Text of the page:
Date of Degree

2013

Document Type

Dissertation

Degree Name

Ph.D.

Program

French

Advisor(s)

Thomas C. Spear

Committee Members

Renée Larrier

Jerry W. Carlson

Subject Categories

French and Francophone Language and Literature

Abstract

Inspired by the study of Western historiography and the processes by which silence enters into history in Michel-Rolph Trouillot’s seminal work, Silencing the Past: Power and the Production of History, this dissertation demonstrates that fiction can be used both for silencing the past and for rewriting it. This study focuses on seven novels, one short story and two plays published between 1798 to 2007: Adonis ou le Bon Nègre by Jean-Baptiste Picquenard, L’Habitation de Saint-Domingue ou L’Insurrection by Charles de Rémusat, Benito Cereno by Herman Melville, Les Nuits chaudes du Cap-Français by Hugues Rebell, Drums at Dusk by Arna Bontemps, Le Royaume de ce monde (El reino de este mundo) by Alejo Carpentier, Monsieur Toussaint by Edouard Glissant, and the trilogy of the historical novel (Le Soulèment des âmes, Le Maâtre des carrefours, La Pierre du bâtisseur by Madison Smartt Bell.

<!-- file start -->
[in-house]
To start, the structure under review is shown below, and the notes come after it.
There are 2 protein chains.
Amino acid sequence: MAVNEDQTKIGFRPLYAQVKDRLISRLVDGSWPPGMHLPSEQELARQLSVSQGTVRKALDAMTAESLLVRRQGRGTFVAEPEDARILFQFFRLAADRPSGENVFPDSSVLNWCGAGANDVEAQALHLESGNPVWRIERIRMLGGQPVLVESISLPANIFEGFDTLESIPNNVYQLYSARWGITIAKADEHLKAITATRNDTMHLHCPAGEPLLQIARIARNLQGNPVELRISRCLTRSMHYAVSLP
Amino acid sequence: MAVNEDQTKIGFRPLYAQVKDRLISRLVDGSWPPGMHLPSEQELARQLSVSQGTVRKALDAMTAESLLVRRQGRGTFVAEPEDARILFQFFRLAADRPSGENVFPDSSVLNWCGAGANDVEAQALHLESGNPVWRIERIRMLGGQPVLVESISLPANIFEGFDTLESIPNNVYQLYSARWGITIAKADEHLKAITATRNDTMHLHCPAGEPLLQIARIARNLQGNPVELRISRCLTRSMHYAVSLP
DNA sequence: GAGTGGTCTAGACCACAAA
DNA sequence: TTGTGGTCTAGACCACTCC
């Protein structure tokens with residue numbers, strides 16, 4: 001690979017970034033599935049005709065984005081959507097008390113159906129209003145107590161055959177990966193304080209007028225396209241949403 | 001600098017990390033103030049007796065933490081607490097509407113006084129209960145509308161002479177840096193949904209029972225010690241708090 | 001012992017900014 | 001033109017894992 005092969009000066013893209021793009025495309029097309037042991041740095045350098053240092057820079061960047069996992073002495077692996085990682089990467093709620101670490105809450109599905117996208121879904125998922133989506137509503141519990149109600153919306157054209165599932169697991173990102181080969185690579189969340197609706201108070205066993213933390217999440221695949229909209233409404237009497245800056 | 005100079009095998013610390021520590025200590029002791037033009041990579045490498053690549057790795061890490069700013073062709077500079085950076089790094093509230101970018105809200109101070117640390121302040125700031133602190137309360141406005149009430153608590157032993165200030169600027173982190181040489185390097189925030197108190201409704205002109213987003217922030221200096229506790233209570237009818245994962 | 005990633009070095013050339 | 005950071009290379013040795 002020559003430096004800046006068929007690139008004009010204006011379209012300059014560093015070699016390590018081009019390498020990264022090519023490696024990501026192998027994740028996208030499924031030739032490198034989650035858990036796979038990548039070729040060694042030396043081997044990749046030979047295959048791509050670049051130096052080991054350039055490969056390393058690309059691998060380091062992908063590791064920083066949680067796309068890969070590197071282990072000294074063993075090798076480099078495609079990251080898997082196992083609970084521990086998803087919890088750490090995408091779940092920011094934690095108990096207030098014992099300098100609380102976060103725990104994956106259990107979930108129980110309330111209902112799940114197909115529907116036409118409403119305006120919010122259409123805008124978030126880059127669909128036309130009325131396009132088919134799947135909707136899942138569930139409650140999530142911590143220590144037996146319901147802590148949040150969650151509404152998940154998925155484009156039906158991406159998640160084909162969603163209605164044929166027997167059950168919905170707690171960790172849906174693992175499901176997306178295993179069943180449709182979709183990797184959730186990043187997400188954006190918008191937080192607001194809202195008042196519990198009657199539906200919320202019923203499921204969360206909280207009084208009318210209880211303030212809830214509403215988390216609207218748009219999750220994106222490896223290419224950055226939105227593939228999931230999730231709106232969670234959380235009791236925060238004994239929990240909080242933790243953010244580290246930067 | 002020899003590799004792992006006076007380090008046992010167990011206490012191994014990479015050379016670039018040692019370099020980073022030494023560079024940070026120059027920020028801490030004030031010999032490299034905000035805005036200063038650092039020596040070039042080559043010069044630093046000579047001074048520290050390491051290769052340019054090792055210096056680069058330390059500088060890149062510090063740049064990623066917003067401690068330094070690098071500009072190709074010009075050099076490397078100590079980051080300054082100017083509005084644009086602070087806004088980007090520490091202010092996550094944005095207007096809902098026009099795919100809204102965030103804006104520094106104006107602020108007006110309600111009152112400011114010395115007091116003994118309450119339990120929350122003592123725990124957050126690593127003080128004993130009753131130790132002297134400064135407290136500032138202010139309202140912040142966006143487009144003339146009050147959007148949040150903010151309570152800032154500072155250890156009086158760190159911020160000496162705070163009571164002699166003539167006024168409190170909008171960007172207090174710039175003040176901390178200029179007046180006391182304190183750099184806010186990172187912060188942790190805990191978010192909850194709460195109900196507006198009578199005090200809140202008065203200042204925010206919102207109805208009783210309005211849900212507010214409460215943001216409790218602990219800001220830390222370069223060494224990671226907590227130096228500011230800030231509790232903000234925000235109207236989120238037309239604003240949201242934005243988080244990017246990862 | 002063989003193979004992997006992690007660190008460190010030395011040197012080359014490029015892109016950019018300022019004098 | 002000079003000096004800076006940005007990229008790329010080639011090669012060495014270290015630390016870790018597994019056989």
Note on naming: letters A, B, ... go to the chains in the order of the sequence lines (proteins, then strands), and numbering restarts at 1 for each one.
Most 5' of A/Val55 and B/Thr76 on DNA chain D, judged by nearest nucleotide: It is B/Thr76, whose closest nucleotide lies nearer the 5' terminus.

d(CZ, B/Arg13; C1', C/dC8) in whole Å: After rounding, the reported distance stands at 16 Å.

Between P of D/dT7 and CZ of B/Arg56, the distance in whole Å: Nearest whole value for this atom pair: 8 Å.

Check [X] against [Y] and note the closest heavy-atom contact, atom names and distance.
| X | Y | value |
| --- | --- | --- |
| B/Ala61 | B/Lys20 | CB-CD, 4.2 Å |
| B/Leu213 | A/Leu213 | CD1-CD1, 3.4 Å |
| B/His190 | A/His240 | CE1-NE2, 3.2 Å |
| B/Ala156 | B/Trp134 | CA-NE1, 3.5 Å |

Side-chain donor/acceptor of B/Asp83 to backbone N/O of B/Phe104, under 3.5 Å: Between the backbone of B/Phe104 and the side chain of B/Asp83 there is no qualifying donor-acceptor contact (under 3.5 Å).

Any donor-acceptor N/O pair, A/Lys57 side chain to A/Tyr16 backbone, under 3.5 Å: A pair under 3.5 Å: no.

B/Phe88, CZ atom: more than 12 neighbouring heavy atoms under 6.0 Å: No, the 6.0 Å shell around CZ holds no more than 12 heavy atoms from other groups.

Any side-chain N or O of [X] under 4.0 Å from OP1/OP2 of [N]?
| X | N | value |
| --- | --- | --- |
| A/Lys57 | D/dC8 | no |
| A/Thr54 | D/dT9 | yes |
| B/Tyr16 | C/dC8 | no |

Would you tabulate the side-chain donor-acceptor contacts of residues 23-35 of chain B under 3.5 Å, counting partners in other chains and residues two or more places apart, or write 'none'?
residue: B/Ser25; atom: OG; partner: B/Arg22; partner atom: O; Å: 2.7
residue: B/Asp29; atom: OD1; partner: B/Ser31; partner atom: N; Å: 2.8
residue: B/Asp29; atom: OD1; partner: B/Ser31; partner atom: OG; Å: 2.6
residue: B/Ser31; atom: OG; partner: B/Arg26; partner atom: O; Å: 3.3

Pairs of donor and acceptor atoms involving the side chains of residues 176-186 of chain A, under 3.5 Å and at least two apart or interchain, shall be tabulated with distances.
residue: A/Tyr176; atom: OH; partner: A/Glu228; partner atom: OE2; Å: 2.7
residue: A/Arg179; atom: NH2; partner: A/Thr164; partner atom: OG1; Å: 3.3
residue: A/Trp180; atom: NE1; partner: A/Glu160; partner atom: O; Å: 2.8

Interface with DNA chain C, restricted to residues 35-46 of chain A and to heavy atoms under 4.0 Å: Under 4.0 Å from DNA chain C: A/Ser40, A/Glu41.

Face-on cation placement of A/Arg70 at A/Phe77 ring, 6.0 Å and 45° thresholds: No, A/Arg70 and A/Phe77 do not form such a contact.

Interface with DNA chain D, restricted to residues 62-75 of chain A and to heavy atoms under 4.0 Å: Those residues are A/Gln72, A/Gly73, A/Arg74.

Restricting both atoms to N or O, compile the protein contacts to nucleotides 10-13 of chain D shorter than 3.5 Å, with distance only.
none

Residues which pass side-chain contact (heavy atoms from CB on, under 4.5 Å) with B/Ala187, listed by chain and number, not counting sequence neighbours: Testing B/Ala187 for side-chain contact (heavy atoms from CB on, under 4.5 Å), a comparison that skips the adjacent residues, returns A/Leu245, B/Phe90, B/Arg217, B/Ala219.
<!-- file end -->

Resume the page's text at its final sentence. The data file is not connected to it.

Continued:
Building upon the works of Paul Ricoeur and Hayden White for whom historical and fictional narratives have more in common than they diverge, this dissertation shows how diverse narrative techniques in fictions representing the Haitian Revolution participate in the silencing of this Revolution, one of the most significant events of the Enlightenment that has left a legacy of centuries of ramifications upon world history.

This study reads fiction in a manner analogous to historical works, rewriting history. It examines a representative corpus of fictional texts through a close analysis of point of view, characters, tropes, metaphors and emplotments. This study explores the way in which writers of fiction use a variety of narrative techniques to represent the Revolution as an unthinkable event. It also shows how fiction can be not only history’s ally, but also an effective medium for revisiting predominant views of the official version of the historical past.

Comments

Digital reproduction from the UMI microform.

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